9 August 2013 No Comments by The Northern Standard


THE buyer of a chicken processing plant in Cootehill has claimed that he is being prevented from re-opening the business — and thereby generating up to 100 direct jobs — by officials in the Department of Agriculture who are insisting that he pay a €120,000 “bond” in order to receive the required operating licence.

In response to queries made by this newspaper (see below) a Department of Agriculture official said applications for approval to operate meat-processing plants must meet the various requirements of the European Communities (Food and Feed Hygiene) Regulations 2009.

But the spokesperson declined to elaborate further, stating that the Department did not comment publicly on individual applications.

Through his company known as Lyntop Ltd, Mr Zahid Hussain purchased Co-operative Poultry Products Ltd at the beginning of January for an undisclosed sum that is understood to have been in the region of €1 million.

The acquisition had been welcomed at the time by the local chamber of commerce as well as political representatives, and the general hope was that some or all of the jobs at the factory could be retained under the new ownership.

Mr Hussain had indicated his intention to concentrate on producing food for the ‘halal’ market, which is aimed at the Islamic community and requires the killing process to be conducted in a specified manner.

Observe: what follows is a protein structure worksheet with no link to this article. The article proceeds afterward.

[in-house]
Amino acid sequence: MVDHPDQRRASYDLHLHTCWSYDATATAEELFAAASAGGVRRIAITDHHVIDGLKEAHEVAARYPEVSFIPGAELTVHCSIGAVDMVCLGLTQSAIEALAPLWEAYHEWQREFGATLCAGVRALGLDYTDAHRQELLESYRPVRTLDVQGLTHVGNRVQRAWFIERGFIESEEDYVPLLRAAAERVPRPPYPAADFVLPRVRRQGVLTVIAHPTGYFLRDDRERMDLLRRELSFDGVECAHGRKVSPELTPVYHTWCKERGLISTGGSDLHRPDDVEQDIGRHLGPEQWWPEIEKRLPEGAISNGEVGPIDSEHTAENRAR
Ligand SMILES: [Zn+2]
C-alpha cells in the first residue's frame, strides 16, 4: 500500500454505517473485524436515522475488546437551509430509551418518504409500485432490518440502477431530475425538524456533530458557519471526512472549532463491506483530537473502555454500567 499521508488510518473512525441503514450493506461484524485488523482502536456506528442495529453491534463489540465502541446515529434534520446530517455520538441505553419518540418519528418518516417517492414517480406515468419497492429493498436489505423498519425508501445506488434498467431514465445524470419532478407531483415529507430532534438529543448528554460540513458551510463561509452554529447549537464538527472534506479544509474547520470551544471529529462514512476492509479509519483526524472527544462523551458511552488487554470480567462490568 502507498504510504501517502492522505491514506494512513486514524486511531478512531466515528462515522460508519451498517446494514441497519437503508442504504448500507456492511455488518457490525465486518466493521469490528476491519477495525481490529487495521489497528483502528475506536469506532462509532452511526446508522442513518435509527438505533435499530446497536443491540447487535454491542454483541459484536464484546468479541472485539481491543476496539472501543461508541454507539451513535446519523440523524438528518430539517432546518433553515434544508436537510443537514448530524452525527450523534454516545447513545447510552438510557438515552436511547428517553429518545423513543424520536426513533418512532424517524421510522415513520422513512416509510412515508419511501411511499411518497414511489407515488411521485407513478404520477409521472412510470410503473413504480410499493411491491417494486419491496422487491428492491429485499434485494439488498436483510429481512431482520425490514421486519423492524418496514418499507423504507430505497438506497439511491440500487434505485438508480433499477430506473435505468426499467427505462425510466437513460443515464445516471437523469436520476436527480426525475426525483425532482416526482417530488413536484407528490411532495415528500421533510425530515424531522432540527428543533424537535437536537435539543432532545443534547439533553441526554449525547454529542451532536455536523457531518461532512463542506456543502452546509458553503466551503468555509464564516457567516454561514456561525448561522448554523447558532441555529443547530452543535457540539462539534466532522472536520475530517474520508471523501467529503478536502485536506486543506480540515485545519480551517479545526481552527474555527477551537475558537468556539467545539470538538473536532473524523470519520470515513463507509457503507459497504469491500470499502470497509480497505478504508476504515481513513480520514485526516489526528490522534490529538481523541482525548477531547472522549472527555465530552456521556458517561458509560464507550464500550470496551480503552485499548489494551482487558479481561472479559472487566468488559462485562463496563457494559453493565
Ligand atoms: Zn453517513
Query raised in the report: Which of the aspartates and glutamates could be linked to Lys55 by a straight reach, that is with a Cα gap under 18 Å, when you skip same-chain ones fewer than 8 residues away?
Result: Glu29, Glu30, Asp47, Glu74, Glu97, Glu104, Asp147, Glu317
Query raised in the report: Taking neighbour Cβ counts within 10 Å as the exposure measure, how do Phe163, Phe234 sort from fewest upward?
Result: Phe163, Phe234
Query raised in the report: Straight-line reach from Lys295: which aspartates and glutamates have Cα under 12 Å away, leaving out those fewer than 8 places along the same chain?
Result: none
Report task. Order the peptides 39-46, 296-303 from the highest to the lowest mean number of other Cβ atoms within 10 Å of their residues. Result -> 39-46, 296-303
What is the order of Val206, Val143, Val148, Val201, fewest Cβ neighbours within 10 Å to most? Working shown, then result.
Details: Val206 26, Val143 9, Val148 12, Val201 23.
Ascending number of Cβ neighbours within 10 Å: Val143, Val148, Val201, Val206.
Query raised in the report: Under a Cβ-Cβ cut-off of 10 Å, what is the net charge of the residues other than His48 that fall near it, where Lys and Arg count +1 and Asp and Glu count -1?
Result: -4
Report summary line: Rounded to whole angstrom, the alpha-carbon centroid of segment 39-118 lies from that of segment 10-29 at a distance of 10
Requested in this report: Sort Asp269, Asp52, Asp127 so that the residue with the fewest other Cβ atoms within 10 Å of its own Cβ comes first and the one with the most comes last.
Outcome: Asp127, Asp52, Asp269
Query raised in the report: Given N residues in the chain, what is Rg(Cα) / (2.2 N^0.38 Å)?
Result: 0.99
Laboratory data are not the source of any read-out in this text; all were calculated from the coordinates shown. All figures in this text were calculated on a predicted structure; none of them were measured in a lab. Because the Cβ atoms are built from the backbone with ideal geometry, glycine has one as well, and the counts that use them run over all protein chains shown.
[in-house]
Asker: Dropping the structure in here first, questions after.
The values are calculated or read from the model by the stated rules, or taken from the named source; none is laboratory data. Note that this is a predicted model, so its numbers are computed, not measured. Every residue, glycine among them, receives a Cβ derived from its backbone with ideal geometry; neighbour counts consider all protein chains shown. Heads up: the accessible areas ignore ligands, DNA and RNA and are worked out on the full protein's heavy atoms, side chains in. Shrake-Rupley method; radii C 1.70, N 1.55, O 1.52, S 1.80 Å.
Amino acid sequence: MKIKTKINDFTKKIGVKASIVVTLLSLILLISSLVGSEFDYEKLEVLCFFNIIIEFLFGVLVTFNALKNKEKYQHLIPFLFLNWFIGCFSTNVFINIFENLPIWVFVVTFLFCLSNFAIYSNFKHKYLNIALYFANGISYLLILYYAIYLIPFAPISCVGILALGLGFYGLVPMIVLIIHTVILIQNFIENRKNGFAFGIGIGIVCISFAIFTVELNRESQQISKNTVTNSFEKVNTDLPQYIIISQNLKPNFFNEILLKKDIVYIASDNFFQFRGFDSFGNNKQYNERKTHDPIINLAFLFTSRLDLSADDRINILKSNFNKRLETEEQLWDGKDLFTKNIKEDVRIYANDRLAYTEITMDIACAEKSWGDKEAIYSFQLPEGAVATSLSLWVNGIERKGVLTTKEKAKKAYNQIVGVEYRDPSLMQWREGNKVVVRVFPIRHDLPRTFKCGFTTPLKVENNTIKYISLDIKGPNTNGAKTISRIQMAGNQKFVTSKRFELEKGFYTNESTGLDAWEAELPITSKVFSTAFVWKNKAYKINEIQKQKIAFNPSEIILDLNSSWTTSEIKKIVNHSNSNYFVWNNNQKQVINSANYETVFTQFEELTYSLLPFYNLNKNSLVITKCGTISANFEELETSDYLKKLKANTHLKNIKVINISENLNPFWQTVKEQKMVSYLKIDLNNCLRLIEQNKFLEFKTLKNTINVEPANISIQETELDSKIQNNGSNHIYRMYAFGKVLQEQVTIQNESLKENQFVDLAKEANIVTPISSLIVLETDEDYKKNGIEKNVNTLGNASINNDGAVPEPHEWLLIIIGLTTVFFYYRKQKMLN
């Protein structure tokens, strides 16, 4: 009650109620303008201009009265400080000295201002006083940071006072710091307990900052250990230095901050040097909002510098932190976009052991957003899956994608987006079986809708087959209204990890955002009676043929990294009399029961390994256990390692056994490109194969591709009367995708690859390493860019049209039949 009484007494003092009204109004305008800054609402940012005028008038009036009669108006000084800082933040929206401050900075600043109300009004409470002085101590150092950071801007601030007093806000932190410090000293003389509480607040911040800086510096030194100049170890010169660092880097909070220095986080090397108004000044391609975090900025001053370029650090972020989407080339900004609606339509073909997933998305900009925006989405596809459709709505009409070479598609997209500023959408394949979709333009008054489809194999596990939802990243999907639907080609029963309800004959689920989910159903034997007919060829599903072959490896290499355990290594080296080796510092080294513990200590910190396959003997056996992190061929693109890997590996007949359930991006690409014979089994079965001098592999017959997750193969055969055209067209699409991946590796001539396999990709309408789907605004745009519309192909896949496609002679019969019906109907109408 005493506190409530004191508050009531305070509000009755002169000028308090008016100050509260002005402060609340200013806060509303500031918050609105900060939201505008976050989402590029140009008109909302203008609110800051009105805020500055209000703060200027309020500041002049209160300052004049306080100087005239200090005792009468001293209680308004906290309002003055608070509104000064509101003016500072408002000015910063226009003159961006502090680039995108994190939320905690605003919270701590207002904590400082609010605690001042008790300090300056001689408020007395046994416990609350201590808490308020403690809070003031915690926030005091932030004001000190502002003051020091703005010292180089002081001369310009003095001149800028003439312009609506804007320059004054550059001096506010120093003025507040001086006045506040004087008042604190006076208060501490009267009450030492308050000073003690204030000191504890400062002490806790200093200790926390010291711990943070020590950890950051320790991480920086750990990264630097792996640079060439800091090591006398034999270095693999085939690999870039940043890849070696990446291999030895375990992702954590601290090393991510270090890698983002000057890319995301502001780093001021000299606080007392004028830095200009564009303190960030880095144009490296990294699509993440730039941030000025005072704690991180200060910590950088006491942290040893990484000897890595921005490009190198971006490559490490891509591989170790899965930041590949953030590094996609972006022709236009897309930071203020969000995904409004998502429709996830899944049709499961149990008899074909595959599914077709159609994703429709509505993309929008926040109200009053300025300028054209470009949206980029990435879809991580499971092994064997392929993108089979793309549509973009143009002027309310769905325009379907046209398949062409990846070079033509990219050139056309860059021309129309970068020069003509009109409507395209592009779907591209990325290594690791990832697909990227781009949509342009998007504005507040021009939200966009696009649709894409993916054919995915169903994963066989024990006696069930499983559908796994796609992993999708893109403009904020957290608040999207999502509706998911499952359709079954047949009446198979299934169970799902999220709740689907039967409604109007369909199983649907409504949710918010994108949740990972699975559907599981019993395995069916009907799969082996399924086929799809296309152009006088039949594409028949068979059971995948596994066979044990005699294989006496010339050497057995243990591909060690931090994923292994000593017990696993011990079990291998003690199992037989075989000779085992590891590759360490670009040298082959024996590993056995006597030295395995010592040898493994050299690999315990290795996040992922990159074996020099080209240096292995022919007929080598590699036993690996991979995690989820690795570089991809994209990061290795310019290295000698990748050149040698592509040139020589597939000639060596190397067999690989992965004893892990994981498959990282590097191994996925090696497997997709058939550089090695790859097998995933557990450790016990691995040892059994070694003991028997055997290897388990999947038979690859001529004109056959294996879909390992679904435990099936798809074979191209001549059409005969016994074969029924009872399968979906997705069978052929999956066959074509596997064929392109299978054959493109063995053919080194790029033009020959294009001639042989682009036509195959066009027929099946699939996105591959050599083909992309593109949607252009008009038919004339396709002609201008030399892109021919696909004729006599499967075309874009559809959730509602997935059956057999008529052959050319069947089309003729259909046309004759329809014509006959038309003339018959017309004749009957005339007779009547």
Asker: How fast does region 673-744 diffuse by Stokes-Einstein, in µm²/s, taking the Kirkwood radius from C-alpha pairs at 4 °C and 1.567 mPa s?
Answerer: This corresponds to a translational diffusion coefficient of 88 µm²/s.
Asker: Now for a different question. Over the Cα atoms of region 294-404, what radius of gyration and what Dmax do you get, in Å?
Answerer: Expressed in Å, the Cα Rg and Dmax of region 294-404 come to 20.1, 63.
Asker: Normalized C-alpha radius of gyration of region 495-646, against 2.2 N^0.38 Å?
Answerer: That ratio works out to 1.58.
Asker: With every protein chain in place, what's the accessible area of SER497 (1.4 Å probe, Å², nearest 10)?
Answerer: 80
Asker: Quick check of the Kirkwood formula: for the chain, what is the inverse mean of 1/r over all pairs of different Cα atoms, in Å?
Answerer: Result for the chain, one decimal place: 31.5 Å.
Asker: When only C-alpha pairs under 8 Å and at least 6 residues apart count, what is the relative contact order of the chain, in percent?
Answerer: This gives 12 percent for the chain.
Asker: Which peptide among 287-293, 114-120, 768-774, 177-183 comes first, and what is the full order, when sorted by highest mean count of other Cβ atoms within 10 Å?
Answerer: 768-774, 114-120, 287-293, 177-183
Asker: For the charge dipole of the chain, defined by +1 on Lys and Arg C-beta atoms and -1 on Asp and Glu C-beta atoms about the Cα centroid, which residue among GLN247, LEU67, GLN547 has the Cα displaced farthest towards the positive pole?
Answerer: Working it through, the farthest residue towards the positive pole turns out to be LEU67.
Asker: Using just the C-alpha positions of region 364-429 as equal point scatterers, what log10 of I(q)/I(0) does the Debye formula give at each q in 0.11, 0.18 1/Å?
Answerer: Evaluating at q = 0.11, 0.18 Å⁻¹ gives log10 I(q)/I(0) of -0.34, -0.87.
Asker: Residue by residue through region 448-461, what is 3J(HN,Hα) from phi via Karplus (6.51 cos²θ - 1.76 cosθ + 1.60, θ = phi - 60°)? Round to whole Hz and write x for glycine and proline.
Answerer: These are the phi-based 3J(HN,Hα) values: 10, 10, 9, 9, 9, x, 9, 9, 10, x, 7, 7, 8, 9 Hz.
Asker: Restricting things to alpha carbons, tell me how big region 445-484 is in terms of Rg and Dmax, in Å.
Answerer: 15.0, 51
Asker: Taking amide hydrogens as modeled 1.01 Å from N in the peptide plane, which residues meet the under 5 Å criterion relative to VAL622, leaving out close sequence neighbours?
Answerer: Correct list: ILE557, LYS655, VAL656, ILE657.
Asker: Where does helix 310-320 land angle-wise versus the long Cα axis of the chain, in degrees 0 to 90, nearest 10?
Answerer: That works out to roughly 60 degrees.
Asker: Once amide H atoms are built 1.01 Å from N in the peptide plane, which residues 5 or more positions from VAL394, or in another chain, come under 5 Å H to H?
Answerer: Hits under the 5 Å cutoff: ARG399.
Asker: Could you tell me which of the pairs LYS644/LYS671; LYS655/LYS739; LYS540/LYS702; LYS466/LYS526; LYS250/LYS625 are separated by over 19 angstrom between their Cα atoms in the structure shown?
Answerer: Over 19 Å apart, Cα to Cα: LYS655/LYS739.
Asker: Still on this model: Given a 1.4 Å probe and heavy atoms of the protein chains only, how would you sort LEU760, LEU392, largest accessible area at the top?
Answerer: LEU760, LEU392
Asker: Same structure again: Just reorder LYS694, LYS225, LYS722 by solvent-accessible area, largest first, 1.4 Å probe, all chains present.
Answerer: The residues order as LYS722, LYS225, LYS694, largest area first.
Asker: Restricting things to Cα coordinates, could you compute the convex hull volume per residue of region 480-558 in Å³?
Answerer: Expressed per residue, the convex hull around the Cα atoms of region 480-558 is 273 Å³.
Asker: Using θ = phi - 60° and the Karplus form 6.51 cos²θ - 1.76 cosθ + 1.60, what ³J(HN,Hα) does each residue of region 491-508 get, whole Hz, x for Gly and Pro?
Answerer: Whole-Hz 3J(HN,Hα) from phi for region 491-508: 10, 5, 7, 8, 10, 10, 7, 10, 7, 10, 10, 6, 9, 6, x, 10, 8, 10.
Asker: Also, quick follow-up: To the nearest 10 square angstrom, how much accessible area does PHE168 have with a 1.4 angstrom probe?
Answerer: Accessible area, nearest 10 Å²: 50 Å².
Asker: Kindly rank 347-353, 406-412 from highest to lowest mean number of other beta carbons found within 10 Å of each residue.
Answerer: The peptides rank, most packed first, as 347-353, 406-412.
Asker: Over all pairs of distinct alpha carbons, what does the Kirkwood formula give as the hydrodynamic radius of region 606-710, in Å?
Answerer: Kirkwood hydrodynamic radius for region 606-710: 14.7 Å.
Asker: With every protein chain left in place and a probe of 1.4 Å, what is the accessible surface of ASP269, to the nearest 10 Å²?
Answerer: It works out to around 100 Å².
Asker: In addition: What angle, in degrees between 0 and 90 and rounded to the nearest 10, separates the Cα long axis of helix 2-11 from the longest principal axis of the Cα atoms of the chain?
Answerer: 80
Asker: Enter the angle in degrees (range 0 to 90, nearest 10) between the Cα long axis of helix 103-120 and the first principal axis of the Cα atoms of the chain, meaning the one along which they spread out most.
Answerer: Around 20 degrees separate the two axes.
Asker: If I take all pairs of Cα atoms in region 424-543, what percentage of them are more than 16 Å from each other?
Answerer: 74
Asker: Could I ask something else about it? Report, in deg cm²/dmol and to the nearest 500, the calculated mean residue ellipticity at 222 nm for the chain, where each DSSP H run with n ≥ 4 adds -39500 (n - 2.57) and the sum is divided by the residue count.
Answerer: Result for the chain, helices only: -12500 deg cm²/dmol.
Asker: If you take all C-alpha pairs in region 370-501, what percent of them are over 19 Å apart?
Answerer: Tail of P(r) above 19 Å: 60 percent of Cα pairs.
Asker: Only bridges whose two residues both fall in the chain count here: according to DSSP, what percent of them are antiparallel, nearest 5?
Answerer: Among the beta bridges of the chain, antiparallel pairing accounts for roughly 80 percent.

Targeting the halal market would enable the company to avoid competing in an already saturated Irish poultry market, and instead seek to build up a healthy export trade, he had maintained.

The long-established Co-operative Poultry Products Ltd closed in October of last year with the loss of up on 90 jobs, including 70 production staff.

About 25 chicken growers, mainly from the Co Monaghan area (about one-third of whom were shareholders) were also left with no output for their product.

Speaking to the Northern Standard last week, Mr Hussain said he had hoped to have the factory — situated near Tanagh, about two miles outside Cootehill on the Monaghan road — up and running again by March of this year.

It would have generated 25 to 30 jobs immediately, with a further 25 when they started killing hens. After six or nine months the processing of broiler chickens would have been fully operational and the plant would have up on 100 employees.

This would also lead to indirect work for growers, catchers, transport operatives and packaging companies, he stressed.

But the Department of Agriculture Food and the Marine was demanding that he pay a €120,000 bond before …

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